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Most studies on the incidence of the carpal tunnel syndrome and the relation of this disorder with occupation are population-based. In this study we present data from general practice.
To compare incidence rates of carpal tunnel syndrome in 1987 with those in 2001, and to study the relationship between carpal tunnel syndrome and occupation.
Analysis of the data of the first and second Dutch National Survey of General Practice, conducted in 1987 and 2001, respectively.
General practices in The Netherlands.
One hundred and three general practices in 1987 with 355 201 listed patients, and 96 practices with 364 998 listed patients in 2001, registered all patients who presented with a new episode of carpal tunnel syndrome. Patient and GP populations were representative for The Netherlands.
The crude incidence rate was 1.3 per 1000 (95% confidence interval [CI] = 1.0 to 1.5) in 1987, and 1.8 per 1000 (95% CI = 1.7 to 2.0) in 2001. In males it was 0.6 (95% CI = 0.5 to 0.7) and 0.9 (95% CI = 0.8 to 1.0) respectively; in females 1.9 (95% CI = 1.7 to 2.1) and 2.8 (95% CI = 2.6 to 3.1). At both study periods, peak incidence rate occurred in the 45–64-year age group: in 2001 this peak reached 4.8 per 1000 (95 CI = 4.1 to 5.4) for females and 1.6 (95 CI = 1.2 to 2.0) for males. Women who performed unskilled and semi-skilled work had 1.5 times greater risk of acquiring carpal tunnel syndrome than women with higher-skilled jobs (P<0.001). In men no relationship of this kind was found.
In 2001 the crude incidence rate of carpal tunnel syndrome was 1.5 times higher than in 1987, but the difference was not statistically significant after subdividing by age and sex. In both years the female:male ratio was 3:1. Incidence rates were related to the job level of women, but not of men.
Carpal tunnel syndrome is a common cause of pain in the hand, but there is no gold standard for its diagnosis. It is often thought to be increasing in incidence.1,2 There are few studies that describe the incidence of carpal tunnel syndrome in general practice and their results are difficult to access3,4 because they are hidden in morbidity tables.
Incidence rates from general practice are different from population-based studies because they represent those patients who experience so much discomfort that they decide to consult their GP; in population-based studies, patients with symptoms are actively sought.
Carpal tunnel syndrome has been linked to jobs with strenuous and rapid repetitive hand activity,5,6 although Loslever and Ranaivosoa suggested that non-occupational factors may be more important than occupational factors.7
The aim of this study was to use data from Dutch National Surveys in 1987 and 2001 to fill this information gap, and to study the incidence of carpal tunnel syndrome in general practice in 1987 and 2001. The study also aimed to explore associations with age, sex, and occupational factors in general practice.
Data were obtained from the first (1987) and second (2001) Dutch National Survey of General Practice (DNSGP-1, DNSGP-2 respectively).8,9 In both studies, the population of patients and GPs were largely representative for The Netherlands. The design of these studies has been extensively described elsewhere.8,9 In both surveys all morbidity presented to the GPs was coded according to the International Classification of Primary Care (ICPC).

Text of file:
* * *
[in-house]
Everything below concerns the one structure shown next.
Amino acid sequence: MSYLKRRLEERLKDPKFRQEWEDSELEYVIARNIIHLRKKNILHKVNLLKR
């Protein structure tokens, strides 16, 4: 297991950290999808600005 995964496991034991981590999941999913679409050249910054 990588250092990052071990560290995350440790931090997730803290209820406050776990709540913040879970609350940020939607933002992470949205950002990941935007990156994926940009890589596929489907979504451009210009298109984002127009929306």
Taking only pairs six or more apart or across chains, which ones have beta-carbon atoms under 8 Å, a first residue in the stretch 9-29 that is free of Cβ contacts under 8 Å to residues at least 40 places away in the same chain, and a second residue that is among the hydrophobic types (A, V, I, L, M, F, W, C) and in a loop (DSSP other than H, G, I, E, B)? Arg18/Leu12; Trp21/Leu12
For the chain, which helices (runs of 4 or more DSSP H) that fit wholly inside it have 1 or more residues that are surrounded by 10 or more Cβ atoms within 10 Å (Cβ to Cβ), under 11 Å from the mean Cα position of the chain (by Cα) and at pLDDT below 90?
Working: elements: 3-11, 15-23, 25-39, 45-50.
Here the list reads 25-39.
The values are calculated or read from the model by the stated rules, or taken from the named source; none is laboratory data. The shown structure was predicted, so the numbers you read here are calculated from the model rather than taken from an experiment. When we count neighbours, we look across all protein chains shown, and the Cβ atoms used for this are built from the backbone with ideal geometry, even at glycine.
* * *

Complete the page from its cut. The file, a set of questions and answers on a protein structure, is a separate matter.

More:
In the DNSGP-1,8 data from 355 201 persons were collected, from which 181 887 persons were aged between 25 to 64 years; in the DNSGP-2,9 data from 364 998 patients were collected with 203 942 persons aged from 25 to 64 years.
Patients with carpal tunnel syndrome were defined according to the ICPC code N93 and the assignment of a ‘new’ episode by GPs. Incident episodes are the sum of ‘first ever’ and ‘new’ episodes (for example, previous episode in the other wrist). Each patient could contribute with only one incident episode during the study period.
The relationship between carpal tunnel syndrome and occupation was analysed according to age groups of 25–44 years and 45–64 years. Data about occupation were obtained by sending a questionnaire by mail to all listed patients. Occupational data were obtained from 118 208 patients (65% response rate) in 1987, and 127 466 patients (63% response rate) in 2001.
In 2001, occupations were coded according to the Occupational Classification 1992 (SBC92) of Statistics Netherlands (CBS). In 1987 a previous edition of the SBC92 was used. Two categories of labour were distinguished: unskilled and semi-skilled labour versus skilled labour and higher-skilled professions.
The incidence of carpal tunnel syndrome is often thought to be increasing. This study examined general practice incidence at two time periods. The incidence of carpal tunnel syndrome was higher in females than males. This study found a female:male ratio of 3 to 1. There was no relationship between occupation and the incidence of carpal tunnel syndrome in males; however, a relationship was identified for females. Women in unskilled job categories were found to be at higher risk of having carpal tunnel syndrome.
For calculation of incidence rates, 95% upper and lower confidence intervals (CI) were used. Differences between 1987 and 2001 for the various sex and age groups were assessed using χ2 tests (for categorical variables).
The association between carpal tunnel syndrome and occupation was analysed for both sexes separately, with logistic regression adjusted for age.
In 2001, 672 new cases occurred during the registration period of 1 year. In 1987, 113 new cases presented over a period of 3 months.